(5) The Applicant and his defence counsel shall not disclose to the public any confidential or non-public material disclosed to it from the Milosevic case except to the limited extent that such disclosure to members of the public is directly and specifically necessary for the preparation and presentation of the Applicant’s case. If any confidential or non-public material is disclosed to the public, any person to whom disclosure is made shall be informed that he is forbidden to copy, reproduce, or publicise confidential or non-public information or to disclose it to any person, and that he must return the material to the Applicant or his counsel as soon as it is no longer needed for the preparation of the Applicant’s case.

(6) The Motion is otherwise denied.

For the purposes of this Order, “the public” means and includes all persons, governments, organisations, entities, clients, associations and groups, other than the Judges of the International Tribunal, the staff of the Registry, the Prosecutor and her representatives, and the Applicant and his defence team. “The public” also includes, without limitation, families, friends, and associates of the Applicant; accused and defence counsels in other cases or proceedings before the International Tribunal ; the media; and journalists.

Done in English and French, the English text being authoritative.

Judge Robinson

Dated this twenty-second day of February 2006
At The Hague
The Netherlands

[Seal of the Tribunal]

1 - Motion, para. 1.
2 - Ibid., para. 15(ii).
3 - Ibid., para. 11 (emphasis added).
4 - Ibid., para. 14.
5 - Prosecutor v. Perisic, Case No. IT-04-81-PT, Amended Indictment, 29 September 2005 (“Current Perisic Indictment”).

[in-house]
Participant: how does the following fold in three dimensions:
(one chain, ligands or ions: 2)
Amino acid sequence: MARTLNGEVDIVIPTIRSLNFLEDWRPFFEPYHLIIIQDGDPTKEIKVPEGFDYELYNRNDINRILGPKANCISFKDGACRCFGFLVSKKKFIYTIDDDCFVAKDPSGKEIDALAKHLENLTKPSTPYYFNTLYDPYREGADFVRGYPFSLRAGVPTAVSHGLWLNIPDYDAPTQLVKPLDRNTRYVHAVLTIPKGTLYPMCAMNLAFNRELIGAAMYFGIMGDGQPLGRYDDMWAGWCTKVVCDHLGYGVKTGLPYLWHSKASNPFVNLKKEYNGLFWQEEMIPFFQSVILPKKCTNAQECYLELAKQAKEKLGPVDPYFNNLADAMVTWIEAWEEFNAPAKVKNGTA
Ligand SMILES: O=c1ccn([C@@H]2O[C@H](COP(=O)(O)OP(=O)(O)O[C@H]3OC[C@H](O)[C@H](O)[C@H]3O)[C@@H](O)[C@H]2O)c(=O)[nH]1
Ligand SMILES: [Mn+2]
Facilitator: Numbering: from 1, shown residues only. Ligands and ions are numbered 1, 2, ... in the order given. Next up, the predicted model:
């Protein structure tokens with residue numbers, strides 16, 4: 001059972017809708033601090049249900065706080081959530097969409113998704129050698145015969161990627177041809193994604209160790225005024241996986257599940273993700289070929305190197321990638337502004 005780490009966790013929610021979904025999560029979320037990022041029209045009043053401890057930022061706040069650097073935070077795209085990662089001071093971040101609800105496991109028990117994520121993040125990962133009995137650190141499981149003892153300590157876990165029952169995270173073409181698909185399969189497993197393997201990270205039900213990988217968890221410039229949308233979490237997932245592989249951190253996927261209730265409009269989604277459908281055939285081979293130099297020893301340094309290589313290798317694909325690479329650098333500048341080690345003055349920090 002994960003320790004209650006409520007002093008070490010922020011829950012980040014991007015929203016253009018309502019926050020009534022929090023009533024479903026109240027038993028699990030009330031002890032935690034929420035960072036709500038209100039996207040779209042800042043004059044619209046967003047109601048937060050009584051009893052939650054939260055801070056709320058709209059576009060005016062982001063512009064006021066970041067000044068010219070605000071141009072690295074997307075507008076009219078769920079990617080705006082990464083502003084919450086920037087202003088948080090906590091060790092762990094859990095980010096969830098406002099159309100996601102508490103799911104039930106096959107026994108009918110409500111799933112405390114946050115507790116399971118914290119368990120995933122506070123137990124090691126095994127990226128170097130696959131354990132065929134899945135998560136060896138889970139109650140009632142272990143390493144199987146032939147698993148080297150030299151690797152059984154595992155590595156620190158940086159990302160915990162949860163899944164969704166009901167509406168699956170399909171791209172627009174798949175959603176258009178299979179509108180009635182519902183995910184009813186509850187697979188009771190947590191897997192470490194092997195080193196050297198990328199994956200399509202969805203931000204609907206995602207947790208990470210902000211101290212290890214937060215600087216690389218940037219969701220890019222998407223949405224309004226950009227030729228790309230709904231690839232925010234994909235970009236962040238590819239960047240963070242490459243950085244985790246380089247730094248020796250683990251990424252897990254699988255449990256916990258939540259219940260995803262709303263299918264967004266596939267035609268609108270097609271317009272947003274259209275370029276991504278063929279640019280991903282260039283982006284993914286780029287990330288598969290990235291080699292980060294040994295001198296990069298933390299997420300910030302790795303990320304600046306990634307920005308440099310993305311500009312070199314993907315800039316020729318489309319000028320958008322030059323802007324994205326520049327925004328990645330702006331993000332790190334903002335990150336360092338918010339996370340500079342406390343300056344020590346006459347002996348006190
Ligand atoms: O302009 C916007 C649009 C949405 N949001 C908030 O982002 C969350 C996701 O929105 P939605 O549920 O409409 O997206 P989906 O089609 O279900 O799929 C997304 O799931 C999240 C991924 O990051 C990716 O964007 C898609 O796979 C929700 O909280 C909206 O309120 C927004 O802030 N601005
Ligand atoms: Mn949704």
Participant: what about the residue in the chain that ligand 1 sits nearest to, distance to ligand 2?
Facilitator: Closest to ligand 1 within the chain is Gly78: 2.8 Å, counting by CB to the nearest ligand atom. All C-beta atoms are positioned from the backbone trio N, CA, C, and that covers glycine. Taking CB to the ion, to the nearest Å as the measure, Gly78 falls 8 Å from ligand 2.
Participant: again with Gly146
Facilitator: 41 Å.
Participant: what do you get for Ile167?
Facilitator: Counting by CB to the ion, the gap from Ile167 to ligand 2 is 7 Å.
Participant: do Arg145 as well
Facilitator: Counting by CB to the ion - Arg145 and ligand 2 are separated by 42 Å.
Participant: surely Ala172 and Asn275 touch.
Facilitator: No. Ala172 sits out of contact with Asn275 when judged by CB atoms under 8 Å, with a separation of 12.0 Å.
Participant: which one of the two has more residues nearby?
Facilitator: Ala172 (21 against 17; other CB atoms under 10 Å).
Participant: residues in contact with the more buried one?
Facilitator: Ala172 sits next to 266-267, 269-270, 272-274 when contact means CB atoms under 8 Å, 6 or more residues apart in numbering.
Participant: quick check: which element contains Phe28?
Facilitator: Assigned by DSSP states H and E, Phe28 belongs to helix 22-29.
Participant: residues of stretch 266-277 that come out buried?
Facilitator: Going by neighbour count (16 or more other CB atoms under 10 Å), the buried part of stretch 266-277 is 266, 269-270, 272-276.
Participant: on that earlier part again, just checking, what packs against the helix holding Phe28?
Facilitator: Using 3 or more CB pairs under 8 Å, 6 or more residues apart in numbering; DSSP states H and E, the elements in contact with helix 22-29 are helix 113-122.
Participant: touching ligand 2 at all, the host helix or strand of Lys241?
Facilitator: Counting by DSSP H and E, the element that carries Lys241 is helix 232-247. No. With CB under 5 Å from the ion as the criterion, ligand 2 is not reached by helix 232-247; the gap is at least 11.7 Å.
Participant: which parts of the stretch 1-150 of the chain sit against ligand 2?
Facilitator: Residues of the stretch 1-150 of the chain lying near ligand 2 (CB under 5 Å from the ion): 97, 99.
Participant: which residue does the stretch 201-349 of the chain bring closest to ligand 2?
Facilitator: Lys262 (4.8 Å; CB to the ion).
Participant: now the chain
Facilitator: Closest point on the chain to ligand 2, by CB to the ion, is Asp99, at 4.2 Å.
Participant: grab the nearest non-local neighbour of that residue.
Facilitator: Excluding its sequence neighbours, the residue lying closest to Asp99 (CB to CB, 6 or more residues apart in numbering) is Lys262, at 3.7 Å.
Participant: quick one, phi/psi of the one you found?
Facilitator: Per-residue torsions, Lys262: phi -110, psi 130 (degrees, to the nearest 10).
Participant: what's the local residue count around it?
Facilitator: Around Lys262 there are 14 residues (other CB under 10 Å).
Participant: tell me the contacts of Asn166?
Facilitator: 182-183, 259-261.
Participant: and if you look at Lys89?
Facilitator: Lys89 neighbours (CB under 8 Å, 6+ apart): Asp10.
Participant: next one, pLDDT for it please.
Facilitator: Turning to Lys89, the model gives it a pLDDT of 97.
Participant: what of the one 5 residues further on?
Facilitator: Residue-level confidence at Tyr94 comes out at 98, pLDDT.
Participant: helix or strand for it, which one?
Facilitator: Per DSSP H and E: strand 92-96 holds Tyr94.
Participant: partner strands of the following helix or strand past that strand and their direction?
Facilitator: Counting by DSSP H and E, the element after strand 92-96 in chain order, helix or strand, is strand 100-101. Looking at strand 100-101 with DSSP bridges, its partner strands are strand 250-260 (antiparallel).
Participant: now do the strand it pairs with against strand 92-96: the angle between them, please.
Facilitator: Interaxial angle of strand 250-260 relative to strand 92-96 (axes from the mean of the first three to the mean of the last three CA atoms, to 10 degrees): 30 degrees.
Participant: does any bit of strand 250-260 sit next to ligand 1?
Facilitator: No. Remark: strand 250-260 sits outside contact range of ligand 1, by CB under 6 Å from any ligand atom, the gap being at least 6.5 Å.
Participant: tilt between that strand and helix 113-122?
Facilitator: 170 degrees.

6 - See generally Current Perisic Indictment, supra note 5.
7 - Prosecutor v. Milosevic, Case No. IT-02-54-T, Amended Indictment (Bosnia), 22 November 2002 (“Milosevic Bosnia Indictment”), paras. 32, 33, 35, 36, 40 (Counts 1–7, 16–18).
8 - See generally Milosevic, Second Amended Indictment (Croatia), 27 July 2004 (“Milosevic Croatia Indictment”).
9 - Compare Current Perisic Indictment, supra note 5, paras. 47–54 (charging the Applicant with superior responsibility for his omissions in relation to crimes perpetrated in Zagreb in May 1995) with Milosevic Croatia Indictment, supra note 8, para. 7 (alleging that the joint criminal enterprise at issue in that indictment existed “before l August 1991 and continued until at least June 1992”); see also ibid., para. 30 (asserting that the Accused Milosevic exercised effective control over the relevant alleged subordinates “from at least March 1991 until 15 June 1992”).
10 - See Prosecutor v. Blaskic, Case No. IT-95-14-A, Decision on Appellants Dario Kordic and Mario Cerkez’s Request for Assistance of the Appeals Chamber in Gaining Access to Appellate Briefs and Non-Public Post Appeal Pleadings and Hearing Transcripts Filed in the Prosecutor v. Blaskic [Case], 16 May 2002, para. 14.
11 - See id., para. 15.
12 - See Prosecutor v. Kordic and Cerkez, Case No. IT-95-14/2-A, Decision on Motion by Hadzihasanovic, Alagic and Kubura for Access to Confidential Supporting Material, Transcripts and Exhibits in the Kordic and Cerkez Case, 23 January 2003, p. 4.
13 - Prosecutor v. Simic, Case No. IT-95-9-A, Decision on Defence Motion by Franko Simatovic for Access to Transcripts, Exhibits, Documentary Evidence and Motions Filed by the Parties in the Simic et al. Case, 13 April 2005, p. 4.
14 - Motion, para. 9.
15 - Ibid., para. 10.
16 - Ibid., para. 13.
17 - See Rule 75(F)(ii) of the Rules.
18 - See Rule 75(G) of the Rules.